Yeah, but believe it only once you see it. If you've ever followed sciencedaily.com, you'd find significant claims - all with at least some credibility - seemingly several times a week. That's not to say what you linked isn't an upcoming advancement in lithium battery design, or perhaps one of the many I've read about before, but afaik, none of them are in the commercial stage. It's also possible that there will be several advancements in the time between now and when the above goes commercial, so it won't appear to be such a massive leap from the previous generation. And that's ok. 5-8% increase in specific energy density per year is a safe bet. We'll get there.https://electrek.co/2017/12/12/battery-researchers-claim-lithium-metal-breakthrough-to-triple-electric-car-range/
Does this get us any closer?
Batteries are getting there. The new Zero motorcycles packs are almost 230 whr/KG at a pack level. More is possible, especially now that actual money is being put into the industry.
I compared 2 power-plants, similar power, electric vs internal combustion engine (ICE). The result I condensed in the following graph:
View attachment 68958
The electric motor weight is only a fraction of the weight of the ICE. The graph sows that for short trips the weight of electric motor + batteries is smaller than for the ICE + gas. It seems that for aircraft specifically designed for short trips, under an hour, it makes sense to go fully electric.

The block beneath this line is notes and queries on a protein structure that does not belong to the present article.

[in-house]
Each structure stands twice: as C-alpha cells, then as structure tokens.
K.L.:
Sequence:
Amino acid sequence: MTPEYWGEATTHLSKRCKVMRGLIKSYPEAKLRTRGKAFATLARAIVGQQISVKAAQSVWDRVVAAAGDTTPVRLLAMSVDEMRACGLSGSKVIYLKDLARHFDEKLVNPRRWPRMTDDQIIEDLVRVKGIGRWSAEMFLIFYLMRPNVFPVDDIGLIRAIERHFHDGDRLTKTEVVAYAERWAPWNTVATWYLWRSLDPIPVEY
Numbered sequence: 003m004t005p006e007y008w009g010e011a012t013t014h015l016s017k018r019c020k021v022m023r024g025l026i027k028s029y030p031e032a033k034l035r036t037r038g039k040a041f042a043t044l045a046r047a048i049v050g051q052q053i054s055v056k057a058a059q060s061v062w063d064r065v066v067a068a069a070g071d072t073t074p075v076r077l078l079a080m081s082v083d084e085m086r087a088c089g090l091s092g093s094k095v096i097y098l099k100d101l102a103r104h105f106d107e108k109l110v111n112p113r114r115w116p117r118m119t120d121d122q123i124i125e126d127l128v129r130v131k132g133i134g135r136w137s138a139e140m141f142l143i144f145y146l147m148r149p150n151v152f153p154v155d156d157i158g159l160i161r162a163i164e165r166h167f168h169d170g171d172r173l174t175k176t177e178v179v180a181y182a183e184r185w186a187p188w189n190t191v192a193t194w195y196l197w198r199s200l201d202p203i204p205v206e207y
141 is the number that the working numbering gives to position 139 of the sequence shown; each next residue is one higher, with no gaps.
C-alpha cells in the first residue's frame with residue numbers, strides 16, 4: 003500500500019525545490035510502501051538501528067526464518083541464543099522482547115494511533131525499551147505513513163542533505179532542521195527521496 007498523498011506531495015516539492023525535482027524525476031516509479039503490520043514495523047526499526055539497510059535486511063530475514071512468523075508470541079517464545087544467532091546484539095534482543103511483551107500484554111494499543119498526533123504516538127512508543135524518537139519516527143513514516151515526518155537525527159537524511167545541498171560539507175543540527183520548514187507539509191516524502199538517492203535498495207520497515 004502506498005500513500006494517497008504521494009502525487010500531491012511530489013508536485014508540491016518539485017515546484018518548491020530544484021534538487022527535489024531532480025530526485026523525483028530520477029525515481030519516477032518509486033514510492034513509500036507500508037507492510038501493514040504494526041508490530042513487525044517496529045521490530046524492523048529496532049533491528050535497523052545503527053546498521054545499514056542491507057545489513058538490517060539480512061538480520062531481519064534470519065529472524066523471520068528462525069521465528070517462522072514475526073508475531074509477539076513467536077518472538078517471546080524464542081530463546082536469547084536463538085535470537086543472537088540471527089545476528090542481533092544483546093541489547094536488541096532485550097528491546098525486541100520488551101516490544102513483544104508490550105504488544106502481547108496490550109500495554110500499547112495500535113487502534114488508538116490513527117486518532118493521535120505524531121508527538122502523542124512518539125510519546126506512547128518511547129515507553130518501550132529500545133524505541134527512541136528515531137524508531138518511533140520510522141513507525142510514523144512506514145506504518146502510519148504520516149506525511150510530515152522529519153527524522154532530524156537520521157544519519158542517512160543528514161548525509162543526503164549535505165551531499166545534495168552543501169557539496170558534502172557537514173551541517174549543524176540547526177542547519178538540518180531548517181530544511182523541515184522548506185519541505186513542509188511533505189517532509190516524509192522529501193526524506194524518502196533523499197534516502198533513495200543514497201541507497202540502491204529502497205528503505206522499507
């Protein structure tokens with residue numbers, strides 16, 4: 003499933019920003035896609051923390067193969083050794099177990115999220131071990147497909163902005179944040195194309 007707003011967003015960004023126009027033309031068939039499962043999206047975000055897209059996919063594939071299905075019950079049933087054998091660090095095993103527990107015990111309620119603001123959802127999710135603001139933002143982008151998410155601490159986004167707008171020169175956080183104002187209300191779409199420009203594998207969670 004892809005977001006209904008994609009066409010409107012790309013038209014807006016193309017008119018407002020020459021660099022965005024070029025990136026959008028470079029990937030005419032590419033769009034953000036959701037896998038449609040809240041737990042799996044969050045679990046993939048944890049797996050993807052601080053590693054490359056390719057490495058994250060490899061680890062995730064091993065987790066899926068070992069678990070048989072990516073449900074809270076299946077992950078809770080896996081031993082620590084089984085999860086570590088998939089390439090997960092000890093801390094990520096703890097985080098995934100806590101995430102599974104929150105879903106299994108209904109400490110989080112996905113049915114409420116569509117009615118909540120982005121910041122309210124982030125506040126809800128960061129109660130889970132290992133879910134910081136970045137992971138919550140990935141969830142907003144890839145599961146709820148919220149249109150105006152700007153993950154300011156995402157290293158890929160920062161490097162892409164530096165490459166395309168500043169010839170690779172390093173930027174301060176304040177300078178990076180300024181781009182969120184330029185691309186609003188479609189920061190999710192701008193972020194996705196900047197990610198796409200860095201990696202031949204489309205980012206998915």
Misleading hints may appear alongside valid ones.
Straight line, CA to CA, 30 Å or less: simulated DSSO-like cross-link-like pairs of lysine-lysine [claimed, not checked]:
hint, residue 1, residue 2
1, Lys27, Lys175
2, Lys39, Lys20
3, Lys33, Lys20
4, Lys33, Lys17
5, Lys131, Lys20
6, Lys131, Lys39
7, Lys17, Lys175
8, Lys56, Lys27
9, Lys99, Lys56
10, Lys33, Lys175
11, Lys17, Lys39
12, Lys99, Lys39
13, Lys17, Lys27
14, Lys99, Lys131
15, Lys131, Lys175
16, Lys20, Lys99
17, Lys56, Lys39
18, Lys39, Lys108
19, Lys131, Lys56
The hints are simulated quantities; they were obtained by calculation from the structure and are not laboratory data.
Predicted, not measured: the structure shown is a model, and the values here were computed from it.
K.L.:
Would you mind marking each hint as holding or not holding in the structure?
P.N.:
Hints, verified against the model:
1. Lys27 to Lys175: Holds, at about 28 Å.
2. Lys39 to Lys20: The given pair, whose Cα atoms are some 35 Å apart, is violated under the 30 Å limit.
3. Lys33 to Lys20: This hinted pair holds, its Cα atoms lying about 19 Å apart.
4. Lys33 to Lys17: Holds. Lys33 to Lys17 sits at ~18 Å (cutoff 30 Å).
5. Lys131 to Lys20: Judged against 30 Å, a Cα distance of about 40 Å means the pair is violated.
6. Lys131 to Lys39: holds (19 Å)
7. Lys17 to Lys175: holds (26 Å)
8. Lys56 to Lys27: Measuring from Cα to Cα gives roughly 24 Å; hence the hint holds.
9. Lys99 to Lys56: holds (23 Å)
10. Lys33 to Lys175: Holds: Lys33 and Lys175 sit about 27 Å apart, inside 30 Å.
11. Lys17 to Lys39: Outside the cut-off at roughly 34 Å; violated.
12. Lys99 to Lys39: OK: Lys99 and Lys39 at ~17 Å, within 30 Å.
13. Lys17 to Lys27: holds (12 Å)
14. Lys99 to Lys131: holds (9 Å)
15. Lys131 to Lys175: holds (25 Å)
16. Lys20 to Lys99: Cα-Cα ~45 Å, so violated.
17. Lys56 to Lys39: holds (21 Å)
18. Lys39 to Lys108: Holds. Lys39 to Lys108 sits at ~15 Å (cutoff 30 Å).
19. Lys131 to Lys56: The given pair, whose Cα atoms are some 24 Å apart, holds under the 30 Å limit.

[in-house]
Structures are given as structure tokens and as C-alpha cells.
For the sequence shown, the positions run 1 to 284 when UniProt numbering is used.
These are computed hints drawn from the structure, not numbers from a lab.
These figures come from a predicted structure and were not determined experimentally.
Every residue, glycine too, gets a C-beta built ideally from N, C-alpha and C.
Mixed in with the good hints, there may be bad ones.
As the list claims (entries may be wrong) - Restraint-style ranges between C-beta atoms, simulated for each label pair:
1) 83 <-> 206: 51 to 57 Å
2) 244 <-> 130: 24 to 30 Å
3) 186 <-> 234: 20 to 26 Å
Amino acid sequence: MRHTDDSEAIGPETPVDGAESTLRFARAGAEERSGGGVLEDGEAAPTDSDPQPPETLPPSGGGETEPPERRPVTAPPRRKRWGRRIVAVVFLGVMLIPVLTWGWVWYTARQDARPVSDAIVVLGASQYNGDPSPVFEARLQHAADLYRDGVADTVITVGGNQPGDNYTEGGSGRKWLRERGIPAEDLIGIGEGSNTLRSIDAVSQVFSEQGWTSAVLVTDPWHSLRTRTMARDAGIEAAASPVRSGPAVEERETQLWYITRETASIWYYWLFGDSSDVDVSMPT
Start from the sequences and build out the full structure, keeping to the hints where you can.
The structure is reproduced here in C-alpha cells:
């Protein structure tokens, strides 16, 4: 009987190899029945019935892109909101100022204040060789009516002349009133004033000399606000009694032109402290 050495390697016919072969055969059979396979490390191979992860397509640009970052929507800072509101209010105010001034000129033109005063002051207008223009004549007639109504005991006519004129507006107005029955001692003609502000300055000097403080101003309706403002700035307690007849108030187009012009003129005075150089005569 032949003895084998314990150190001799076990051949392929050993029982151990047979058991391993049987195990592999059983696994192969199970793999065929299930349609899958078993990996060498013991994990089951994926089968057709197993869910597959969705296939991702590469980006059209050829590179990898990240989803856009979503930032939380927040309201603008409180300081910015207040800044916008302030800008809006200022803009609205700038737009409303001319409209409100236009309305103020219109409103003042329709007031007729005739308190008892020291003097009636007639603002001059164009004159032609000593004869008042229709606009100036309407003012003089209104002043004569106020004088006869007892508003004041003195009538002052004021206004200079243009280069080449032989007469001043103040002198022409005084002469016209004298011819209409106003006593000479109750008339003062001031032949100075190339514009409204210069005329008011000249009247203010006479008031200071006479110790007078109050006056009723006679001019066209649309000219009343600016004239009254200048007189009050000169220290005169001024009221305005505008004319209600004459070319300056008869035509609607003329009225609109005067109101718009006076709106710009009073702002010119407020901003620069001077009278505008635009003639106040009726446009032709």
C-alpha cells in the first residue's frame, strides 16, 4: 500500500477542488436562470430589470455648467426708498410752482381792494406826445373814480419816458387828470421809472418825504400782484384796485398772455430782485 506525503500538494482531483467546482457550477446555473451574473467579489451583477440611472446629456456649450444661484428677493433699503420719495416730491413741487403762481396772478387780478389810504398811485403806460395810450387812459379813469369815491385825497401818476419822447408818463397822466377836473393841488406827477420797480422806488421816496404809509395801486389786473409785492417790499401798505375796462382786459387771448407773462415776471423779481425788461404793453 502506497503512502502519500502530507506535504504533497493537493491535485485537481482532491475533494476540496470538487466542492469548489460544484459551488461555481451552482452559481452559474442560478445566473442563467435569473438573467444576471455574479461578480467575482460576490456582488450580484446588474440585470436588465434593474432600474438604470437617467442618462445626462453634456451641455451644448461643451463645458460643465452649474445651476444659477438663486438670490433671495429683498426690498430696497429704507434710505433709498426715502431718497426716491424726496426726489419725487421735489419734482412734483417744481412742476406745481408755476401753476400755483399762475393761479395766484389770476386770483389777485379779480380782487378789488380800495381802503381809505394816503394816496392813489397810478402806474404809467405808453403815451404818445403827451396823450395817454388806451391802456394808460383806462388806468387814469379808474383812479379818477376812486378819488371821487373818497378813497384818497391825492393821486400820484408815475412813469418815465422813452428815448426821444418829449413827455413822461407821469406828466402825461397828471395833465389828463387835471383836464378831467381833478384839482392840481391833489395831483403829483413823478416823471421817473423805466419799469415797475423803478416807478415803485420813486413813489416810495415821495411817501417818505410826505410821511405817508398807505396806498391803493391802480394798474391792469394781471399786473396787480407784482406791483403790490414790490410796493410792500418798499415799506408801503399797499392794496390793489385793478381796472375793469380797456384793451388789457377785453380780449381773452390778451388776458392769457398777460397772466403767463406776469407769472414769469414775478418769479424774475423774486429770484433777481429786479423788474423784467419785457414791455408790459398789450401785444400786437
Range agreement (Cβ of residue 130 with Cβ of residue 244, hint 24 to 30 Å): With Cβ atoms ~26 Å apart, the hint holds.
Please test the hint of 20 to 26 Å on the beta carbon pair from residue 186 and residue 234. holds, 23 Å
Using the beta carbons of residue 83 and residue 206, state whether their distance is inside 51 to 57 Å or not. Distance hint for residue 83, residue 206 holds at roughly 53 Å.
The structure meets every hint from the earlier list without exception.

I used values for real batteries you can buy and weight data from engine and motor datasheets. The future batteries I expect to be better in the specific energy department so it makes sense to start investing in an electric power plant. The fact that an electric motor does need only a fraction of the cooling compared to an ICE, so reduced cooling loses and the fact that cowling can be more aerodynamic, reducing drag is not taken into consideration, and only can help.
I did this for a study on personal VTOL aircraft that could be used for commuting. For a VTOL aircraft there is a big difference in how much power is needed in hover/transition versus cruising. In this case an electric motor have also the advantage to be highly efficient even when needs to output only a fraction of it's maximum power.
More details about my project here: aliptera.com
Unless I'm losing my mind, it looks like they're equal in weight around the 20 minute duration mark.Dusan,
Good luck, and have fun chasing the dream.
Am I reading it that you think 20HP is the target power?
Why does at 40HP the electric out weigh the Rotax from the start?
5 minutes is enough to launch a VTOL. But I haven't seen any electric system that is lighter than a two-stroke. The giant overpowered models that displayed enormous power at Oshkosh 2017 were two stroke. If electric was lighter they would use it.Sure thing, but who wants an aircraft that flies only 5 minutes anyway?